Advisers have praised insurers for the speed at which they have reacted to the Covid crisis, by offering flexible benefits, premium holidays and potential rebates.
PCH managing director Claire Ginnelly says the industry has responded quickly across the board, both in terms of adapting the benefits available to members, and offering lower cost versions — and short-term payment holidays — for client firms who are in financial difficulties.
However she says in some cases it has been on an ‘ad-hoc’ basis, when talking to individual advisers and she would welcome a clearer message from some insurers.
WPA is one insurer that has publicly stated it will offer rebates, if appropriate, and is also looking to o help clients with a new ‘retention plan’. This is a lower cost option to full PMI, but allow firms to keep employees on cover, so there is no need for underwriting when the firm moves back to its usual plan after the crisis.
WPA chief executive Mark Southern says this plan, which has been devised since the widespread outbreak of the coronavirus in the UK, is designed to offer cover for between a three and 12 month period.
Southern says: “We want to ensure that there are options to change plans mid-term. We want to ensure members still have access to some benefits during this crisis, and we want to look at how retention options, particularly for firms where the lockdown has caused severe financial problems.”
Other insurers such as Bupa have raised the issue of premium holidays for firms who have been hit.
Ginnelly says: “There is no guarantee that all clients firms will be offered this, but it has been raised an as option. It is something I am discussing with all of our Bupa clients, and is another example of how providers are addressing this issue.”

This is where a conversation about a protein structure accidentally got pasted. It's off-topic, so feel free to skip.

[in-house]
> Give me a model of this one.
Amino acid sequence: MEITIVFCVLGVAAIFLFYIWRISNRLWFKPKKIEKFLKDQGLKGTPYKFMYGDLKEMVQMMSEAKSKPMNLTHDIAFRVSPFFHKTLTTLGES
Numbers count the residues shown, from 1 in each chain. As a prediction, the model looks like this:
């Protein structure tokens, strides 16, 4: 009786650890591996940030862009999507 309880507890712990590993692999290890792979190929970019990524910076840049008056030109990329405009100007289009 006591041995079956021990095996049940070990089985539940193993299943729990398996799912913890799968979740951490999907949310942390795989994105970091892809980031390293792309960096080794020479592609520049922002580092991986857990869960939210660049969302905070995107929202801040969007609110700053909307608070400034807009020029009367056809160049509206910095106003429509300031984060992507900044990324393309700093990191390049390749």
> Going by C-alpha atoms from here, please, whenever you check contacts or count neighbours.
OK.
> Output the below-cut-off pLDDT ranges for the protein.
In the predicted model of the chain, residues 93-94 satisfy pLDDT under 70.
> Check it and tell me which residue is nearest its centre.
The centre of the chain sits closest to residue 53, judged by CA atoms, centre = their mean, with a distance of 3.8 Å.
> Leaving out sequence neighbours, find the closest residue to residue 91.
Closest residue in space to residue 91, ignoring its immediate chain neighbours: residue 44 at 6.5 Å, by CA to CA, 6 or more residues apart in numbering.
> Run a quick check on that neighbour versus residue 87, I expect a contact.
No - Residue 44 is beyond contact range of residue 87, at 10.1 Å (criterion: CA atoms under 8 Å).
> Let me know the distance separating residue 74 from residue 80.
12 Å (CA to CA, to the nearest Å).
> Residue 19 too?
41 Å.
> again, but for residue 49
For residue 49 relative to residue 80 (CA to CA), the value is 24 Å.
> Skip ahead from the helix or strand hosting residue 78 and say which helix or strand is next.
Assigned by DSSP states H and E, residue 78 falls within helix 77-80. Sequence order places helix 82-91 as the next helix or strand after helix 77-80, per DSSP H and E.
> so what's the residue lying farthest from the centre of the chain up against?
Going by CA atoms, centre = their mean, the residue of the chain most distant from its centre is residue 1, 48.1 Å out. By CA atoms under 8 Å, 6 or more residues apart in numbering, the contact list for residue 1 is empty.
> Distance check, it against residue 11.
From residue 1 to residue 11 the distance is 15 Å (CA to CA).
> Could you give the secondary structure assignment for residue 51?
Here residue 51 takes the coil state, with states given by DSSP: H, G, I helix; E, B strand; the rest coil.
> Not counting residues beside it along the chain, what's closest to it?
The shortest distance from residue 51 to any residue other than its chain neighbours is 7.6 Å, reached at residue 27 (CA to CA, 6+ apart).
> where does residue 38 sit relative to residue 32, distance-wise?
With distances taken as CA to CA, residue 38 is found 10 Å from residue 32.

Aetna International is also offering discounts to both new and existing SME clients to help relieve financial pressures.
Towergate Health & Protection principal consultant Karen Smith welcomed the fact that many insurers were adapting and promoting a whole range of health and wellbeing benefits.
“People might think PMI policies are only about hospital treatments but it is a much broader service than that. These health and wellbeing benefits are really important particularly at this time, and it is good to see insurers continuing to promote them.”
Insurers have been adapting some of these services, for example ramping up access to virtual GP services and offering online physiotherapy options. There has also been an increased focus on mental health support and helplines.
Vitality has changed its rewards package, for example. Whereas previously it offered discounts on gym membership it now offers online rewards.
Cigna Europe, director sales and commercial effectiveness, Amy MacKay says: “It is vitally important that we add value to organisation and that they can access benefits at this time.”
She says the firm has launched a new global Covid-19 risk assessment tool which works with regulations and local health advice across different regions. “In the UK we have also launched a new virtual GP service with Teledoc. This can give employees access to medical advice and can also relieve pressure on the NHS.”
However, while insurers are focusing on these additional services for clients, many clients will find they are unable to get elective treatment at present, with hospital and medical staff being deployed to the NHS to tackle the Covid pandemic.
A number of insurers, including WPA and Bupa, have discussed offering rebates to customers if they end up saving money as a result.
However MacKay points out that it is still very early on within the crisis, for there to be a clear view of what the potential impact will be on costs and claims.
“If elective surgery is delayed them it may be a more serious claim at a later stage, which could involve more costs. We have not made a statement on this at present, but we will be working with clients to ensure that premiums remain sustainable.
“At present there is a focus on affordability and helping maintain cover for affected clients.”
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